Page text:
4. Having the opportunity to communicate beyond words. On the topic of getting lost, yes, my innate instinct is always to go the wrong way, but I can surely be forgiven for being a little confused during my first moments in a foreign city where the language is not my own. I made it as far as the nearest metro station to my hotel, and from there needed help. The “two minute walk from the metro station” is pretty much accurate – but which way? As it turns out, it may be left or right out of the station, then left or right down a street longer than I’d anticipated and right onto another main and busy road. With zero access to Google Maps, it was down to old fashioned communication to get me to my final destination.
I found the spot after about twenty five minutes and querying five people along the way. My discovery was (and continues to be) that the locals here are not “over-sharers” of information, but this could be due to the language barrier, so keep asking questions until you understand (or find someone else to help). For example, when I asked for assistance at the airport regarding which train to take, I was pointed in the direction of the entry to the train station. “Yes I see that, but which train, which platform?” I had to prompt. And when I arrived at my destination, the instruction towards my hotel was, “outside”. Yep, figured that out!
When I got outside however, it was the local store owners who helped me so kindly, albeit in Greek, but that made the positive end-result all the sweeter. One older gentleman managing a florist wasn’t 100 per cent on the address I showed him, so he rounded up his neighbours for clarification, and then explained to me using hand gestures how to navigate the lane-ways in order to find my accommodation. As did a couple of other people I encountered along my quest de la hotel. During the morning, prior to arriving in Greece, I came into contact with some extraordinarily rude, grumpy and bitter-with-the-world people (either that, or they were totally not “morning people”); the locals here changed my day simply by proving to be friendly and helpful, despite a language barrier.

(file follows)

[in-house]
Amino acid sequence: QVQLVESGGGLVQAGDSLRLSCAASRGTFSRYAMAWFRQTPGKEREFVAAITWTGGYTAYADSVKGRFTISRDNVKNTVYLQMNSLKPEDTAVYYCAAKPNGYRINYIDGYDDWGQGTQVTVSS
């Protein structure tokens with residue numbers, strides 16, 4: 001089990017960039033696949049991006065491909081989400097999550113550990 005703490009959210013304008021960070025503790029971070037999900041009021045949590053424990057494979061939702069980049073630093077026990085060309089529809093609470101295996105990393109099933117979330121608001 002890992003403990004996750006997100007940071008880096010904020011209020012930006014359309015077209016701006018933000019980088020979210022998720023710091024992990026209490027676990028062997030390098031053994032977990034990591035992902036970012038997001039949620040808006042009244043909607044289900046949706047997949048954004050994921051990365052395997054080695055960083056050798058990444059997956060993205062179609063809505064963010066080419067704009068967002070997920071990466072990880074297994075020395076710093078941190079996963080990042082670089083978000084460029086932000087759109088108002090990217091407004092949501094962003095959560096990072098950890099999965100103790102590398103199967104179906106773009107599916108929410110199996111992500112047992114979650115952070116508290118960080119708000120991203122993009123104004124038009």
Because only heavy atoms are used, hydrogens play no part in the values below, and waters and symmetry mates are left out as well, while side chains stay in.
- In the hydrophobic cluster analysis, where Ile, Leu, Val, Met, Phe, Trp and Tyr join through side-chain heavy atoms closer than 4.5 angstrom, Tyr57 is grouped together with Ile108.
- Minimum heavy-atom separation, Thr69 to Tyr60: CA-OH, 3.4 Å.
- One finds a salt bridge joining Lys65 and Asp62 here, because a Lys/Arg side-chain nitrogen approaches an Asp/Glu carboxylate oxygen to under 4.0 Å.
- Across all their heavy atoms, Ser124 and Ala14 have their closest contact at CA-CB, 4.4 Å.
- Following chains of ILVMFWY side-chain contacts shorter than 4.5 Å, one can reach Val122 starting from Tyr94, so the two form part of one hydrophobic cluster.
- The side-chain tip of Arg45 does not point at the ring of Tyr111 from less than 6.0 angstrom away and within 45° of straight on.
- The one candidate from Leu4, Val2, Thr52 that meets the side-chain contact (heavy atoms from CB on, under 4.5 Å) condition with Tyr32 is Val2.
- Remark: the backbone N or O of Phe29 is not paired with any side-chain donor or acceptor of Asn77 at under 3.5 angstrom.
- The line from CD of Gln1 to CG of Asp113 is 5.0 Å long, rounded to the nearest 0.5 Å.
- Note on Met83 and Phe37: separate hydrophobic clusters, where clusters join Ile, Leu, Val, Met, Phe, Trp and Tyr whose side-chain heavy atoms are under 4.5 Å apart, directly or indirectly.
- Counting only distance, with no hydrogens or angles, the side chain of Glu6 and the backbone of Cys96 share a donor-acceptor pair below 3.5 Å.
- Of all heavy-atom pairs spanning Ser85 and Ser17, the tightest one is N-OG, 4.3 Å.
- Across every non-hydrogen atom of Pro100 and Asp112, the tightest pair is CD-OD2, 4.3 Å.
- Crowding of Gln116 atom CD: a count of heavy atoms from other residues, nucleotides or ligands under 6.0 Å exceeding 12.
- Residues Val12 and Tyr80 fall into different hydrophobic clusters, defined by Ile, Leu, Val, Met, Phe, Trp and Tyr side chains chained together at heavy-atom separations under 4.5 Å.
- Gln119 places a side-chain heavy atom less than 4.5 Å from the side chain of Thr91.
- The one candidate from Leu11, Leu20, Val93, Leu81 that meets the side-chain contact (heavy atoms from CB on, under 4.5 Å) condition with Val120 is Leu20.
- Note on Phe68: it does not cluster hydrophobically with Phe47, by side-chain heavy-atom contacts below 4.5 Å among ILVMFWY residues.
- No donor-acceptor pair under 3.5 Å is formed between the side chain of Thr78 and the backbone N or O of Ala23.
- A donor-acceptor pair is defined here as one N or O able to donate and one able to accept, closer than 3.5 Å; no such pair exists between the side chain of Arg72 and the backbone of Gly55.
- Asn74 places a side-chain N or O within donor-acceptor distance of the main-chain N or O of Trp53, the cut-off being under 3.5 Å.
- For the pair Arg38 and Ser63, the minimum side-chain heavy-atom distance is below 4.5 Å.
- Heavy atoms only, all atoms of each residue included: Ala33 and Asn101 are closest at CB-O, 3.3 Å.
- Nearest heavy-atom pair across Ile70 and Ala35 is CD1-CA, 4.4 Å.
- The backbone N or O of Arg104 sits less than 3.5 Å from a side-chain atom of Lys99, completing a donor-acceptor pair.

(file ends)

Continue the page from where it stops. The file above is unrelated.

5. It’s an easy place to practice mindfulness. I noticed yesterday that I was taking everything in without much thought, but rather as an ‘experience’; the sights, smells, quirks and charms all became part of one blissful travel adventure. If there’s one lesson I try to pass on, it’s “don’t judge”. It comes with practice, confidence and time, and a willingness to embrace the “unfamiliar”, but I hear so many tourists of all ages complaining about this and that around the world (“too noisy”, “too expensive”, “too crowded”, “too untidy”), and I wonder, seriously, if “it’s better at home”, stay there! There’s beauty in all things and I’m surprised by how much I enjoyed my first encounter with Athens despite being tired and apprehensive I’d get lost.
That said, if you can’t appreciate a place like this – 7000 years old, the birthplace of Western civilisation and aptly named after the Greek Goddess of Wisdom, then that’s certainly a shame.
6. I discovered a reason I should move here. During the summer it’s customary to enjoy a siesta for a couple of hours, 3pm to 5pm; eating large lunches is encouraged as is staying up late and having a good time. If only more people in the world had this attitude, happiness might spread further, I reckon.
7. Cheese and wine are also important aspects of the culture (yes, please!) and it would be easy to simply hang out here and try all the renowned restaurants, sky bars, beach side cafes, and then dance it off in a popular club. Alas I don’t have time, but I will let you know that I found out Ethan Hawke, Meryl Streep, Oliver Stone, Hugh Jackman, Pierce Brosnan, Bruce Willis and Moby, among others, have all spent time enjoying a venue called Island, a cosmopolitan seafront haunt that I feel I might have to make a cameo in at some stage too.
That’s it for now – I aim to visit more of the city and of course get up close and personal with ancient bits and pieces, plus fit in some shopping (hopefully Cooper doesn’t read this far…). If you have an Athens travel tip, please drop me a line in the comments below.
PS Helpful resources:
- The Amazing Athens app